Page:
USDA’s Food Safety and Inspection Service (FSIS) held its “Bring Our Kids to Work Day” on Thursday, April 28, 2022. It marked the first time in three years that the event was returned to the FSIS calendar.
“Bring Our Kids to Work Day” does not mean the children of FSIS meat and poultry inspectors are able to join Mom or Dad for the day at slaughter or processing plants. Instead, a two-hour program was available on Thursday where the kids could “join a virtual interactive classroom for food safety lessons and activities and for hearing directly from the experts about why FSIS’ work is important and what sorts of education and experience they use on the job every day.”
The event took place over Microsoft Teams and a partial recording of the event will be available and placed on the FSIS intranet.
The following resources are available to employees and their children t”o encourage learning more about what we do here at FSIS and help them explore what is possible in their futures. ” The event page will be updated with the event agenda and additional resources as they become available.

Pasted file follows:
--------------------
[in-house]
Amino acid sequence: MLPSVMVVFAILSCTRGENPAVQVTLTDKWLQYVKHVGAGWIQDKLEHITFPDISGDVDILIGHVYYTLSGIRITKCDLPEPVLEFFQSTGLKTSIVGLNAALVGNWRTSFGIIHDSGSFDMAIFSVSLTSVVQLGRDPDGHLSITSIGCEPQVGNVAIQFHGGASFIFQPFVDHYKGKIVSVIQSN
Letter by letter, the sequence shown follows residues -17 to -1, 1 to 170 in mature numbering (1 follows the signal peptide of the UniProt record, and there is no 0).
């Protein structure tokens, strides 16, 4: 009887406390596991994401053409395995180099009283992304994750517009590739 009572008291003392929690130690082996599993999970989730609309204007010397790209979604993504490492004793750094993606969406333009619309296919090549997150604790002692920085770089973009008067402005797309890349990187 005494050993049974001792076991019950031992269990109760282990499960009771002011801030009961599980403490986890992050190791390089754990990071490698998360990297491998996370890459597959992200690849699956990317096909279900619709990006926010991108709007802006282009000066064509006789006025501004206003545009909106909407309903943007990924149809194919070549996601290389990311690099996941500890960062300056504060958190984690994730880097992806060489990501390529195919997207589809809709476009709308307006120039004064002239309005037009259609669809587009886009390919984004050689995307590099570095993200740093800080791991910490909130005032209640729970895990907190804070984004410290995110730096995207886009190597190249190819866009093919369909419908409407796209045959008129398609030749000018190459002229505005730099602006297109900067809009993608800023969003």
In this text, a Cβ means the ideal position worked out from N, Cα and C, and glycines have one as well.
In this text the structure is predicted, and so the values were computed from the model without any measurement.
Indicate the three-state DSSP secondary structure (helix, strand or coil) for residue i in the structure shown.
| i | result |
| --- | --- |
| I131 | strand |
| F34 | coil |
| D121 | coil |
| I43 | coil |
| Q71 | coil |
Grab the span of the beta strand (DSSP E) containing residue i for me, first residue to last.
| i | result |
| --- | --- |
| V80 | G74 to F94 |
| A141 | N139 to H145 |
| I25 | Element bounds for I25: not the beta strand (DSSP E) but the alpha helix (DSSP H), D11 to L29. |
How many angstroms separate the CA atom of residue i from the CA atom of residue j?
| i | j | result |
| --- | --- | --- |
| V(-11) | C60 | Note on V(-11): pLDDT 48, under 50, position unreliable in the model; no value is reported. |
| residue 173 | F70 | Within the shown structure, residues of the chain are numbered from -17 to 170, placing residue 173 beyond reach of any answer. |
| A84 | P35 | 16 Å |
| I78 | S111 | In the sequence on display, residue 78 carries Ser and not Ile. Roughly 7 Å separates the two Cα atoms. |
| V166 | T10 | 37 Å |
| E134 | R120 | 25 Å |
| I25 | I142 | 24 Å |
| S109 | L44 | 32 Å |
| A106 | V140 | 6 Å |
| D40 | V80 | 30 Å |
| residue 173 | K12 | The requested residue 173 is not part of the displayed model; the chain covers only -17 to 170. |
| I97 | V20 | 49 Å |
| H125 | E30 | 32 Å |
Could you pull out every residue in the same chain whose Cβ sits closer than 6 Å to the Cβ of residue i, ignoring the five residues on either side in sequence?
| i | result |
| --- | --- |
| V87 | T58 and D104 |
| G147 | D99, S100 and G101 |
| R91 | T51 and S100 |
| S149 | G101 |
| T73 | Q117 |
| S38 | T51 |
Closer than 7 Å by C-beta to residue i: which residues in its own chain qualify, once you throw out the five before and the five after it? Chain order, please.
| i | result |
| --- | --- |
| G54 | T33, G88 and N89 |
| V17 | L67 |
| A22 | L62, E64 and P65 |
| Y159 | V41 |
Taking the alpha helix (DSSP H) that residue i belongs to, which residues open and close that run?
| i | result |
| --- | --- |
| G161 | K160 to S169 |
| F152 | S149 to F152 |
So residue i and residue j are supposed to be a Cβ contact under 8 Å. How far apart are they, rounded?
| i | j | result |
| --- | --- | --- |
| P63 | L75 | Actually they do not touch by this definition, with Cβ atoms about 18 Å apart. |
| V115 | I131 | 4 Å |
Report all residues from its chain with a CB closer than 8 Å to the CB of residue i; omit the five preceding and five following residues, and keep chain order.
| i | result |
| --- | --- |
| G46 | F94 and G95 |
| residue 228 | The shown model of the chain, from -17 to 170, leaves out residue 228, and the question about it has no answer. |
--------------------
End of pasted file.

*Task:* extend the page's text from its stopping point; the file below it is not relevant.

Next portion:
- Clean Separate Cook Chill – Compatible with computer paint programs
- Clean Separate Cook Chill – Printable Version
- Keep Food Safe – Compatible with computer paint programs
- Keep Food Safe – Printable Version
- Scavenger Hunt B&W – Printable Version
- Scavenger Hunt Color – Printable Version
Fun recipe to work on with your parent or favorite grown up!
- What is FSIS and What Do We Do? (PPT, Download)
- Food Safety Trivia – The trivia pin will be provided at the beginning of the session.
FSIS is a public health regulatory agencyresponsible for ensuring that the American supply of meat, poultry, and egg products is safe, wholesome, and correctly labeled and packaged. The FSIS draws its authority from the Federal Meat Inspection Act of 1906, the Poultry Products Inspection Act of 1957 and the Egg Products Inspection Act of 1970. The FSIS also acts as a national health department and is responsible for the safety of public food-related establishments as well as business investigation.
The agency employees more than 9,000 with an annual budget that tops $1 billion. It provides inspection services to about 6,200 private establishments involved in slaughter and processing activities. The FSIS is led by the Under Secretary of Agriculture for Food Safety.
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